Stocks tumbled early today after a warning from WorldCom. This morning the attention of traders was also focused on Microsoft chairman Bill Gates who took the stand for the first tim in the landmark Microsoft anti-trust trial. The market reacted to investor jitters about the telecom market and the Dow finished the day down more than 100 points. The DJIA finished at 10,136.43, down 120.68 while the Nasdaq Composite Index ended the day at 1,758.69, down 38.14. Microsoft (MSFT) closed Monday at $55.69, down $1.61.
Over the weekend representatives of the G7 nations met and agreed that a worldwide economic recovery is taking place. Indeed, except for international concerns over the impact of rising oil prices, finance ministers of the worldis wealthiest nations are optimistic that an economic rebound is taking hold. A quick look a the Dow Jones Industrial Average and the Nasdaq Composite Index and their respective one year performance charts indicates that both indexes are beginning to reflect growth in the economy through higher stock prices. The rate of recovery has differed by industry sector, but the trend toward recovery is beginning to be seen in the major market indexes.
The reporting season for first quarter results is almost over. The market continues to punish the shares of companies that disappoint Street expectations, but most major companies experiencing extraordinarily challenging times have issued warnings and share prices already reflect the reduced expectations. Of concern to analysts is guidance from corporate management for the remaining months of 2002.
Many more companies are making new highs than new lows and the tech sector may begin to benefit from new orders for hardware and services as companies plan to increase IT expenditures in the latter months of 2002. Management guidance for the second calendar quarter for the most part remains cautious. But historically stock prices tend to reflect expectations at least six months ahead of actual results. Watch for a gradual recovery in the share prices of technology companies as we move deeper into the second quarter.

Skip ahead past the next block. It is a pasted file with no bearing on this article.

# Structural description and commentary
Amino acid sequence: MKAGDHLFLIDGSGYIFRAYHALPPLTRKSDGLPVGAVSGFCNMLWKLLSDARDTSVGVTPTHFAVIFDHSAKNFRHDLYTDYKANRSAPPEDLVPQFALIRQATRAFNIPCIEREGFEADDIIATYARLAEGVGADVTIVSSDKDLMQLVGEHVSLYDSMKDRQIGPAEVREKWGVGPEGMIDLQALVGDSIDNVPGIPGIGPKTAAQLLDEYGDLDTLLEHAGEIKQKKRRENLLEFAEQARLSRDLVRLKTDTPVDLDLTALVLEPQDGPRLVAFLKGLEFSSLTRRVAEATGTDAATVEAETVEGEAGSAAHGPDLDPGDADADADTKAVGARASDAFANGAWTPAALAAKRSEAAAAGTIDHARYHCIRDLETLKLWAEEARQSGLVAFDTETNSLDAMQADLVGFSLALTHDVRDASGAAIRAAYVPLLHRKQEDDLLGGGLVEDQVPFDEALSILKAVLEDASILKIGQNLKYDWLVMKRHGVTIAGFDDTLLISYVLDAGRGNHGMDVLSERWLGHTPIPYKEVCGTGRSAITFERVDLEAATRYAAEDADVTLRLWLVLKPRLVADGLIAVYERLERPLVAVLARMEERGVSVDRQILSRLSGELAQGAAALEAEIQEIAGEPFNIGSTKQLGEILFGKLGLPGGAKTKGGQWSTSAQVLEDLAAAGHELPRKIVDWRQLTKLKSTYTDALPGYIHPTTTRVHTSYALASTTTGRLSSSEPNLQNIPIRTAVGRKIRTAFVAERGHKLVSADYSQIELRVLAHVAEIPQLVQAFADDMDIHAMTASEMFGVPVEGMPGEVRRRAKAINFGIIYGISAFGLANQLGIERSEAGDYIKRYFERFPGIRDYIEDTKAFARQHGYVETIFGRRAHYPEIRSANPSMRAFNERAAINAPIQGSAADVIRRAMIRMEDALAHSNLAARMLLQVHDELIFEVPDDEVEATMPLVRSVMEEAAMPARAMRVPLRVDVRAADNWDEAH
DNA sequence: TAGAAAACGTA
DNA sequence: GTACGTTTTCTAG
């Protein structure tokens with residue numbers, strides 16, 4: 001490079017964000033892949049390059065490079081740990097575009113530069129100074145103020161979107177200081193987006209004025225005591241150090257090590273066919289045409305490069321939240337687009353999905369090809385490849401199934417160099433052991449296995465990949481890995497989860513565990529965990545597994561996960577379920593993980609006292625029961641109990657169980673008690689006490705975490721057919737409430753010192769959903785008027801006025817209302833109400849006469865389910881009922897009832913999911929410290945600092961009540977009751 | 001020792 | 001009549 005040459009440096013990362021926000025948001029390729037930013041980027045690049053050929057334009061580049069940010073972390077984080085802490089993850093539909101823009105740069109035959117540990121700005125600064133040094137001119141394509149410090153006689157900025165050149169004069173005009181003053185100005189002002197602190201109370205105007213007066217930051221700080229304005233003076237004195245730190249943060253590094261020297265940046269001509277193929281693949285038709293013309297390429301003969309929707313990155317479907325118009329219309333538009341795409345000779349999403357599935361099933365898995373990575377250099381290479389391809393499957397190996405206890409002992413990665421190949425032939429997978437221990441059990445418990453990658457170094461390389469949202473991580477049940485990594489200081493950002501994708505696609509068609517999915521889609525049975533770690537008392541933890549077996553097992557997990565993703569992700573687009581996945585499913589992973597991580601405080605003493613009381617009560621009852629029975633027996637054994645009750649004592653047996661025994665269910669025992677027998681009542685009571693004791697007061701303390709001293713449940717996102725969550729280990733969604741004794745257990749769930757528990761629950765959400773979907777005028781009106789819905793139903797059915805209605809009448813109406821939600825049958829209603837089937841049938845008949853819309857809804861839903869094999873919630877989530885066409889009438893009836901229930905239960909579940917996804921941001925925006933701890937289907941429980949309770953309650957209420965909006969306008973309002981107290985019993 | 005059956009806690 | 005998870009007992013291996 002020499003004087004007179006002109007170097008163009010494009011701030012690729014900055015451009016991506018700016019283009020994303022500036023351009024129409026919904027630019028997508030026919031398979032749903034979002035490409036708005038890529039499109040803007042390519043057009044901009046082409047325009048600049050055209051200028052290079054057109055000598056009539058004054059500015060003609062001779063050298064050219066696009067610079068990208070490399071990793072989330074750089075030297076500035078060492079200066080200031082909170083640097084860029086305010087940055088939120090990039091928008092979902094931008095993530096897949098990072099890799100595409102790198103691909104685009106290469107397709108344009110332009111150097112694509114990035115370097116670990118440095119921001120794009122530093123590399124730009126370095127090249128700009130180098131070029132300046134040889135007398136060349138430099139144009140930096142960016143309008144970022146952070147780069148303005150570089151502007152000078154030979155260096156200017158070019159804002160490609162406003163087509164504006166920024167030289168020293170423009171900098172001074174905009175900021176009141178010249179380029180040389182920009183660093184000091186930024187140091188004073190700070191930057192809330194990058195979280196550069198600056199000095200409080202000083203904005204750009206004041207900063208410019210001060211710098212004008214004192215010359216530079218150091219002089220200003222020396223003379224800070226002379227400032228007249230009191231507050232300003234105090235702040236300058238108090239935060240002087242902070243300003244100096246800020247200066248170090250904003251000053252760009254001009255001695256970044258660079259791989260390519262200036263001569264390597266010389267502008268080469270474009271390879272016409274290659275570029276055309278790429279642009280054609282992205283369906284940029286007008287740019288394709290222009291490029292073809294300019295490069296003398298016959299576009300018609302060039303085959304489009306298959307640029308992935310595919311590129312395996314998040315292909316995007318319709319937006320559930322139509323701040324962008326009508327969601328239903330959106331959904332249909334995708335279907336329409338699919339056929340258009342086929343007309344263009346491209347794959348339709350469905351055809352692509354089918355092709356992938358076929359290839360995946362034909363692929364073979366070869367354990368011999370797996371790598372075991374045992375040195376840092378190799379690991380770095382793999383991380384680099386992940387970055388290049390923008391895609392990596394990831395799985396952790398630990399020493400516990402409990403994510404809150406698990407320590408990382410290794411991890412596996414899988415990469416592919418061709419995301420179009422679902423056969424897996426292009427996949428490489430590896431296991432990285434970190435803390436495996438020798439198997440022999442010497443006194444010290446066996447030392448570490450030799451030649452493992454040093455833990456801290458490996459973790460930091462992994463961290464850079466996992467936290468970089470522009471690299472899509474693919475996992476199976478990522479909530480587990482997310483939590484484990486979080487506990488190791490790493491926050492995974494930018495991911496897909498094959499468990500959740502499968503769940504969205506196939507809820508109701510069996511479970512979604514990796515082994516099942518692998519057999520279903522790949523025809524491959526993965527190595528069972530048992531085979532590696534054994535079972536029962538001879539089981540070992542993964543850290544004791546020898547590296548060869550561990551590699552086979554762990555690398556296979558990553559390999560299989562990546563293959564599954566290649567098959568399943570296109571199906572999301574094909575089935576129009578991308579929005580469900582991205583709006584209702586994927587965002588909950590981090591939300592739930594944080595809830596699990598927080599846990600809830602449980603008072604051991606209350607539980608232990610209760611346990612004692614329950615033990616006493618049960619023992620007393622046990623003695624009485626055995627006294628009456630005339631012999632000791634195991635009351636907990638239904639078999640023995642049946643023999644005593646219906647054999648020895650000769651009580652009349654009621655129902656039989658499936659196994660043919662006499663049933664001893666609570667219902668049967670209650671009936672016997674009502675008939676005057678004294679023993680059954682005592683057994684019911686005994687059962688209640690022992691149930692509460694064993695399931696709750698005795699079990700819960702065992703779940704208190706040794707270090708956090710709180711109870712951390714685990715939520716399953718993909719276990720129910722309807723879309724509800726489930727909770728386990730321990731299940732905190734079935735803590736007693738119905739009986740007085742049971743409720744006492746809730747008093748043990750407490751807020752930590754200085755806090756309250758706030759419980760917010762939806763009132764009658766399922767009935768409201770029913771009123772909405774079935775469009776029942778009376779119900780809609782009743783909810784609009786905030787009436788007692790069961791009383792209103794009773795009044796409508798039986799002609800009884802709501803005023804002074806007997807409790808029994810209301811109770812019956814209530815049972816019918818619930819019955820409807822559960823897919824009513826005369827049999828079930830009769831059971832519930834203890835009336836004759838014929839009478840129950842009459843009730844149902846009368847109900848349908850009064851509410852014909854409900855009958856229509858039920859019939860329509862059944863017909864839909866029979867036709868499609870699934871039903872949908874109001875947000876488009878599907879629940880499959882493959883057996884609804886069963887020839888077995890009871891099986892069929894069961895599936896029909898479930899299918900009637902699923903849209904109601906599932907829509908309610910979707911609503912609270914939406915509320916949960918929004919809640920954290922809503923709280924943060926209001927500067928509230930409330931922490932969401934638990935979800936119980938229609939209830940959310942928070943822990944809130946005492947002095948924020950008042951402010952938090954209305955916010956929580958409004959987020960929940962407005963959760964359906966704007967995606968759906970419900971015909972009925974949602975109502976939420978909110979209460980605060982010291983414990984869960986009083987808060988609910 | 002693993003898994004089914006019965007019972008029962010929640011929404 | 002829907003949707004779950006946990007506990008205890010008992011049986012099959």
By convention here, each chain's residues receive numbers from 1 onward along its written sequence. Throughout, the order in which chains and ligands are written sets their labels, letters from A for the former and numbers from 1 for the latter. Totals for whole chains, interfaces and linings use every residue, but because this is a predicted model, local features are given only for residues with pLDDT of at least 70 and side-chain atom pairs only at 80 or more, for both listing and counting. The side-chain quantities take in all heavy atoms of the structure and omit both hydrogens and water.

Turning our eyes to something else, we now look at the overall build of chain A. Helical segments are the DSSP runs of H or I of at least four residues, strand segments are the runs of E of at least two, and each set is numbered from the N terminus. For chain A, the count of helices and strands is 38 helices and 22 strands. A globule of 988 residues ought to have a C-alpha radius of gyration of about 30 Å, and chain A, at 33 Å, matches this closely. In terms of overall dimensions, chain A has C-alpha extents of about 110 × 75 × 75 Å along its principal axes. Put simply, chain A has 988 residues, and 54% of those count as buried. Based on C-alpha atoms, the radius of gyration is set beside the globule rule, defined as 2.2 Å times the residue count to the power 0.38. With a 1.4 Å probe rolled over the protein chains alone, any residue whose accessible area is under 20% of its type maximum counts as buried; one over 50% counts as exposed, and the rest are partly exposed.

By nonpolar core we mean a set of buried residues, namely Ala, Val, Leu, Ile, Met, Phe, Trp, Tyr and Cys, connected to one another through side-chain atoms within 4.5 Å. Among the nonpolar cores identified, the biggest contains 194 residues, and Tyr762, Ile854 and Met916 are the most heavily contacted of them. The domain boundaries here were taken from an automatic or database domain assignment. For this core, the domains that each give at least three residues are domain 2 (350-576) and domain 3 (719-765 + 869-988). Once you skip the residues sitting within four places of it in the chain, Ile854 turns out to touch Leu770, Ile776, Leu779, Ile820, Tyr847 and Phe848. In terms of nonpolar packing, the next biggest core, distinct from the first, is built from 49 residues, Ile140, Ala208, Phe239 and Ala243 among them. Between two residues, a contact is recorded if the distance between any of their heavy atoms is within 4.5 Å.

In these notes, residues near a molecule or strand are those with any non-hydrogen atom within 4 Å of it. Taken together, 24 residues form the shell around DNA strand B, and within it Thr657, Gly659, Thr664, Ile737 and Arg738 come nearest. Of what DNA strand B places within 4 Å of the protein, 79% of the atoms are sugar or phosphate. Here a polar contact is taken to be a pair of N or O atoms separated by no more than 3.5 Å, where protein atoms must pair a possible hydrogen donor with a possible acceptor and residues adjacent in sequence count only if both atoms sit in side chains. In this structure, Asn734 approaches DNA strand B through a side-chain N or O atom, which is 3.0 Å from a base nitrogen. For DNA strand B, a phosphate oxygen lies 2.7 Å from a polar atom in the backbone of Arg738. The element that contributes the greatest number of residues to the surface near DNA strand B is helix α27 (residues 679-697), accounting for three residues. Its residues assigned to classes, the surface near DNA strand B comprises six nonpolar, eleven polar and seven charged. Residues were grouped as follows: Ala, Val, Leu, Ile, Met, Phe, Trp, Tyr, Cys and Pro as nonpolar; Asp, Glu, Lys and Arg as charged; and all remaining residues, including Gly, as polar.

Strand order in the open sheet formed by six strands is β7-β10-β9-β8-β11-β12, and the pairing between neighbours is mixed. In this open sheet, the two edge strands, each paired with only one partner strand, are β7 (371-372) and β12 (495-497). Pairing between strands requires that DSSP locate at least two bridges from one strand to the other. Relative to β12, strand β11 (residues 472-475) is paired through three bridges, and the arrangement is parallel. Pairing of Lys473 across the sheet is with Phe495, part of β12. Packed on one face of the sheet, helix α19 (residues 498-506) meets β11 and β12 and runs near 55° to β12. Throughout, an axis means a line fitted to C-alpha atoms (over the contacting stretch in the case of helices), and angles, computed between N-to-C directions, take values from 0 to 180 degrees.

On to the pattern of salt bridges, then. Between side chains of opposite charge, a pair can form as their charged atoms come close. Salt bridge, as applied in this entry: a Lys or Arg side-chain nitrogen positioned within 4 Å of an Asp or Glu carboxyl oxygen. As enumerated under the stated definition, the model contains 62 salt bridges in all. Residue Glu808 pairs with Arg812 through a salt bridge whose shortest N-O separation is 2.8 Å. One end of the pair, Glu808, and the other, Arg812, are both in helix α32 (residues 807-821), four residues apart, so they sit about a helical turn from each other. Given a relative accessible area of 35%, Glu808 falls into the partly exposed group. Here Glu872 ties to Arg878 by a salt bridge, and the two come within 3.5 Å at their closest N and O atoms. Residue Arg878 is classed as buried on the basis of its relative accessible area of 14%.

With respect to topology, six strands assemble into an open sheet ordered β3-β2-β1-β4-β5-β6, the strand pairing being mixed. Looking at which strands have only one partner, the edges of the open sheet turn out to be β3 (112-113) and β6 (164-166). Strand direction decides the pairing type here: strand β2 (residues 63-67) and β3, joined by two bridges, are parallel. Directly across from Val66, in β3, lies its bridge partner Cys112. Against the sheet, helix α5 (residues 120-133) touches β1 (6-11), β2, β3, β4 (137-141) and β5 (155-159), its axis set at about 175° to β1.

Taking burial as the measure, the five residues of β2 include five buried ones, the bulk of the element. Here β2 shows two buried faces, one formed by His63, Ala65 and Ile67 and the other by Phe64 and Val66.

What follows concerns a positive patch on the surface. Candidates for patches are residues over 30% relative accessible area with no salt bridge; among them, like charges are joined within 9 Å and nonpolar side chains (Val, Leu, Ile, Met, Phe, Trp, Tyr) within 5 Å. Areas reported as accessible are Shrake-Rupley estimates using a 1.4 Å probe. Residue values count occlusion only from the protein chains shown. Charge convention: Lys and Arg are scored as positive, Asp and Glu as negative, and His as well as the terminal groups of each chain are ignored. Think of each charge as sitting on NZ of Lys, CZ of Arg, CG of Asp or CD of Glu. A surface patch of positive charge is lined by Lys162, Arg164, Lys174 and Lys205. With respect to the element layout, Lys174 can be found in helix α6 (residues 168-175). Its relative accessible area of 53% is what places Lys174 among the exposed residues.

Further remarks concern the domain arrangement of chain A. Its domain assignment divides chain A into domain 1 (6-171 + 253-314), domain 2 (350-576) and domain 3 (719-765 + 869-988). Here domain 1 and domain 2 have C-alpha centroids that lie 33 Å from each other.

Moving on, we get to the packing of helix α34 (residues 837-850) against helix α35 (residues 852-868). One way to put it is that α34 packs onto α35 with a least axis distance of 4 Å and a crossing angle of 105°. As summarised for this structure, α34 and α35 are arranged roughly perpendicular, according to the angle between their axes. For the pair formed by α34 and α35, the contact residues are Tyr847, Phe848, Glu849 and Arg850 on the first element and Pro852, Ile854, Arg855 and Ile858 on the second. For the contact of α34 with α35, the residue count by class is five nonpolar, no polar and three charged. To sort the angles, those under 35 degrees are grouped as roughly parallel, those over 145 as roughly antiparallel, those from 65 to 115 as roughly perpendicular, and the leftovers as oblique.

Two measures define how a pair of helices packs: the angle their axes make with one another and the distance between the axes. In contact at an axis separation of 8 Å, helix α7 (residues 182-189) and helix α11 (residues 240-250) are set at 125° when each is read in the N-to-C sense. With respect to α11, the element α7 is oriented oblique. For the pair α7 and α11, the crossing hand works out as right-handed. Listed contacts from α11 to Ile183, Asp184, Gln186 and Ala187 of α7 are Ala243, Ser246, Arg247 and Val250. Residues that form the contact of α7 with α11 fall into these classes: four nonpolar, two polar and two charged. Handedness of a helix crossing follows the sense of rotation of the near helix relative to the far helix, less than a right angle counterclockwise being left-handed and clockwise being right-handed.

The never-say-die PC mini-major recorded for the first quarter revenue of less than 50% percent of the year earlier period and a loss of $.39 per share. Excluding special charges related to cost-cutting efforts and asset reclassifications, the company lost $.20 per share. The market reacted to the news by sending Gatewayis stock up over 7 percent on Friday. The bad news was good news to investors who were concerned results would be worse than announced. For the quarter Gatewayis revenue was $997 million, slightly higher than what the Street anticipated. During the quarter Gateway pushed 645,000 units out the door, a thirty percent drop from the year ago period. Gross margins fell to 12.6 percent.
Apple now outperforms Gateway in total units shipped and worldwide revenues. Gateway expects to return to positive cash flow from operations by the end of 2002 and return to profitability in 2003.
Adobe Systems (ADBE) announced last week the release of Photoshop 7. Adobe has also upgraded its popular collection series of software bundles to include the newer, Mac OS X compatible version of the ubiquitous photo editing software application. Adobe finished Monday at $38.72, down $.59.
Akamai (AKAM) is struggling to regain the confidence of analysts after last weekis earnings announcements. Akamai met the Streetis expectations for the quarter, but offered guidance for the current quarter that estimates revenue will be down 8 percent from the Streetis prior expectations. After losing more than an eighth of its market cap on Friday, Akamailost $.28 to close at $3.35.
Apple (AAPL) ended the day at $24.53, down $.45. Since releasing earnings information last week, Apple has fallen below the $25 per share threshold.
Corel (CORL) continues to struggle in finding a growth market for its products. The company has endured severe cost-cutting measures and has yet to signal when it will return to sustained profitability. Corel closed on Monday at $1.41, down $.02.
DELL (DELL) continues to confound skeptics as it gains significant market share in the US and overseas. According to CBS match Watch, Dataquest has reported that in the first quarter Dellis US market share grew to 26.3 percent and its share of the worldwide market grew to 14.3 percent. Dell ended Monday at $27.15, down $.19.Gateway (GTW) finished at $6.42, down $.23.
IBM (IBM) is recovering from its recent 52-week low. The company has been ensnared by concerns about accounting practices in the aftermath of the Enron collapse and management efforts to engineer earnings. Fundamentally, IBM is a rock-solid company with an impressive product line. IBM was at $87.93, down $1.07 when the New York market stopped trading on Monday.